Fic: Rabbits on the Run - Chapter 5
Calonari prompted this picture
AU: Belle trades away her unborn child to Rumpelstiltskin in return for her freedom.
Rabbits on the Run
Two weeks into their new arrangement, Isobel is woken in the middle of the night by an almighty crash, which echoes through the house and has her bolted upright in her bed.
Rose is awake, screaming as loudly as her tiny little lungs can manage, and Isobel hurries to her side to gather her in her arms, tries to soothe her, rocking her slowly and whispering reassurances in her ear.
But Rose is a perceptive child, and she can feel the trembling tension in her mama’s limbs, the sense the fear in her voice. She wails for two or three minutes before Isobel’s heart stops racing, before she relaxes enough to convince her daughter that everything really is alright, that she can go back to sleep now.
Isobel is relieved when she can settle Rose back in her crib, still whimpering a little but at nowhere near full-throttle, and turn her attention to the source of the noise that woke them in the first place.
She grabs the largest book she has, some kind of encyclopaedia, to use as a weapon as she creeps down the stairs.
She’s comforted, when her slipper-clad feet hit the floor of the hallway, to hear someone cursing violently in a familiar Scottish accent: if Mr Gold is around, and swearing, and not unconscious on a floor someplace, then there is less reason to be scared.
She’s not sure at what point she stopped considering him a threat unto himself.
Probably about the time she looked a real monster in the eye, and he was right by her side, defending her to the last.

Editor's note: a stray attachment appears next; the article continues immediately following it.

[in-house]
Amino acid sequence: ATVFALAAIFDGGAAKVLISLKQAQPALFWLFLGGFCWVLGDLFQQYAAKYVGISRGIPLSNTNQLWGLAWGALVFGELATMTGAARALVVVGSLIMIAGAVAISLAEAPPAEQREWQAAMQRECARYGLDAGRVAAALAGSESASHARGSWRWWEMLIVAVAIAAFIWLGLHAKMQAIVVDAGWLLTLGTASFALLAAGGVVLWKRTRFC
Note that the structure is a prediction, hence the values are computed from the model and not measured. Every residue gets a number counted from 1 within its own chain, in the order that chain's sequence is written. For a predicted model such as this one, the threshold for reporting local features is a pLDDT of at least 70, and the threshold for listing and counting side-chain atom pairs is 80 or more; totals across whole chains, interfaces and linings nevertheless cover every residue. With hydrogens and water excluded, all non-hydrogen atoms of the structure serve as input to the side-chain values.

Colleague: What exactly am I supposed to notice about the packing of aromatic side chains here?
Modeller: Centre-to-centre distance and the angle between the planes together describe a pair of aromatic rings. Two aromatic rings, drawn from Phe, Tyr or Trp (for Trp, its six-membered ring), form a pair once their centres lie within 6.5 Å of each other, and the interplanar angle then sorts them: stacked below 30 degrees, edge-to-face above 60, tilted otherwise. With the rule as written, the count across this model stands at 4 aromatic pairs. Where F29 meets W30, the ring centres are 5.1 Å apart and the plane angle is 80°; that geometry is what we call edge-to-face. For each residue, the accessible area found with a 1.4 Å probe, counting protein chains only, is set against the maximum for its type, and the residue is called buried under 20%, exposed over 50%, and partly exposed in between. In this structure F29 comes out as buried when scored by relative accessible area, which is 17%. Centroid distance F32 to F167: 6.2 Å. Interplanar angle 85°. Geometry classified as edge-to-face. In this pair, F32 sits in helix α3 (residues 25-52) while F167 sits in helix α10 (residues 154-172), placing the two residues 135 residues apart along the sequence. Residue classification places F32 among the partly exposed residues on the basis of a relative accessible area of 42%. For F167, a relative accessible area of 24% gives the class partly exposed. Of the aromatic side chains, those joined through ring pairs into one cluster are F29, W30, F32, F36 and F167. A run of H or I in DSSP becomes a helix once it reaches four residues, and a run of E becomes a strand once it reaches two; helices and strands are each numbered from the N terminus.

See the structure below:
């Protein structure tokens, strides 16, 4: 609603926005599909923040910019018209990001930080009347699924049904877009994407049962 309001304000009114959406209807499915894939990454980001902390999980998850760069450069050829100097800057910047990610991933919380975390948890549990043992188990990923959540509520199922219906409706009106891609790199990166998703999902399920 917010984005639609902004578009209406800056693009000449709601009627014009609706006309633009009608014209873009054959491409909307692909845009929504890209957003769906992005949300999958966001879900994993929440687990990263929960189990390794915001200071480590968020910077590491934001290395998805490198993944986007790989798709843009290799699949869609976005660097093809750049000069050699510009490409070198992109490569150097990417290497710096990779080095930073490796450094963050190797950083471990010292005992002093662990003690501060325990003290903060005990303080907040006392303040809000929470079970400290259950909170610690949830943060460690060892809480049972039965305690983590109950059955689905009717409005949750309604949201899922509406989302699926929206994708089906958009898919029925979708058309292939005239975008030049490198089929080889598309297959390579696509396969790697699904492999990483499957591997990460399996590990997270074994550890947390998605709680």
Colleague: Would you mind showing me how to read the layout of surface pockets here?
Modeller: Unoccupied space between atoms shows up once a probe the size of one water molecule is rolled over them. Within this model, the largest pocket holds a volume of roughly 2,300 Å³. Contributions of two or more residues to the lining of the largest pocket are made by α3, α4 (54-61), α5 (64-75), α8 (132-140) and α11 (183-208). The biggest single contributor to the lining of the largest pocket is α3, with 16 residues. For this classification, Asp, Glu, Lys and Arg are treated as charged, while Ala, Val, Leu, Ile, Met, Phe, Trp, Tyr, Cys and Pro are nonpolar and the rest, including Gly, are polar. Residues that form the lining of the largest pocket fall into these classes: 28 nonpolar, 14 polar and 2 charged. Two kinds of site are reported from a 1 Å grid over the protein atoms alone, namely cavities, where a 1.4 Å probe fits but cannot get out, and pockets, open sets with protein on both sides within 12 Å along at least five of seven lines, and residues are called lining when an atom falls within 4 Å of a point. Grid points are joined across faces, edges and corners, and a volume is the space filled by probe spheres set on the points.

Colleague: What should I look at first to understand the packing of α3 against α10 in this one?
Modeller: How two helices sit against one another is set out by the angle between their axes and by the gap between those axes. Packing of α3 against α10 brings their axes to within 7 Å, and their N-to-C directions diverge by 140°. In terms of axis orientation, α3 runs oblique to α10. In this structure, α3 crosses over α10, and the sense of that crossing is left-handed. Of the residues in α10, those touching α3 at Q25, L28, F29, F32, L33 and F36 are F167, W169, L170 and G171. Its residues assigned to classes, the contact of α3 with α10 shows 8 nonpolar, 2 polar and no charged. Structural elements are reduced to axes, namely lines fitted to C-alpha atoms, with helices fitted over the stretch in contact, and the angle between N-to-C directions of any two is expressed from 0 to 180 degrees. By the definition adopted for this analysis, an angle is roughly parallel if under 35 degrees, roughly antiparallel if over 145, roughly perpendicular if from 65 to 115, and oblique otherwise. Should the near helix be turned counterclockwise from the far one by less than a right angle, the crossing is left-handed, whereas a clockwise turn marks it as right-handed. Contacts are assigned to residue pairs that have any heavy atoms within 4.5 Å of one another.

She enters the front room, and understands immediately what caused the commotion. There’s a brick lying in the centre of the floor, and the rug is littered with glittering shards of shattered glass.
And there’s Gold, a dark figure against the streetlight blaring through the broken window, his face like thunder.
“What happened?” she gasps, even though the answer is obvious.
“Someone decided to take their frustrations out on the double-glazing.” He replies, fury evident in his tone, but it’s not directed at her.
In that moment, Isobel feels sorry for whomever it was who threw the brick.
Even stood in a ruined living room, in the dead of a Thursday night, in his pyjamas, Mr Gold still radiates the ability to reduce any person he chooses to a pile of ashes, with just a look and a harsh word.
Which used to terrify her, but now is comforting: because she knows that that power is on her side, that she is counted as a friend rather than an enemy.
He turns to properly face her, and a perplexed frown replaces the anger for a moment, “Why are you holding the American Encyclopaedia of Birds?”
“Oh, um…” she smiles, a little ashamed of herself, “I thought we were being robbed.”
“And that was your weapon of choice?” he’s mocking her, and she should be annoyed, but the laughter in his eyes is infectious. He crosses the room, picking his way across the broken glass, to stand close enough that she can see the details of his face.
“Yes!” she protests, but she’s trying not to giggle, “It was the heaviest thing close to hand.”
“Dearie, my house is full of heavy, sharp things perfect for murdering trespassers. Why ever did you choose a book?”
She doesn’t answer that, another thought having sprung into her head, “Oh, shit, you’re right. We’re going to have to do so much baby-proofing before Rose learns to crawl.”
She’s sure she imagined the soft, tender, almost mournful look in his eyes at that. Because it’s gone in a moment, and he’s shaking his head, “Oh, no dear, you’ll have to baby-proof. I don’t do anything that involves my arse and the floor.”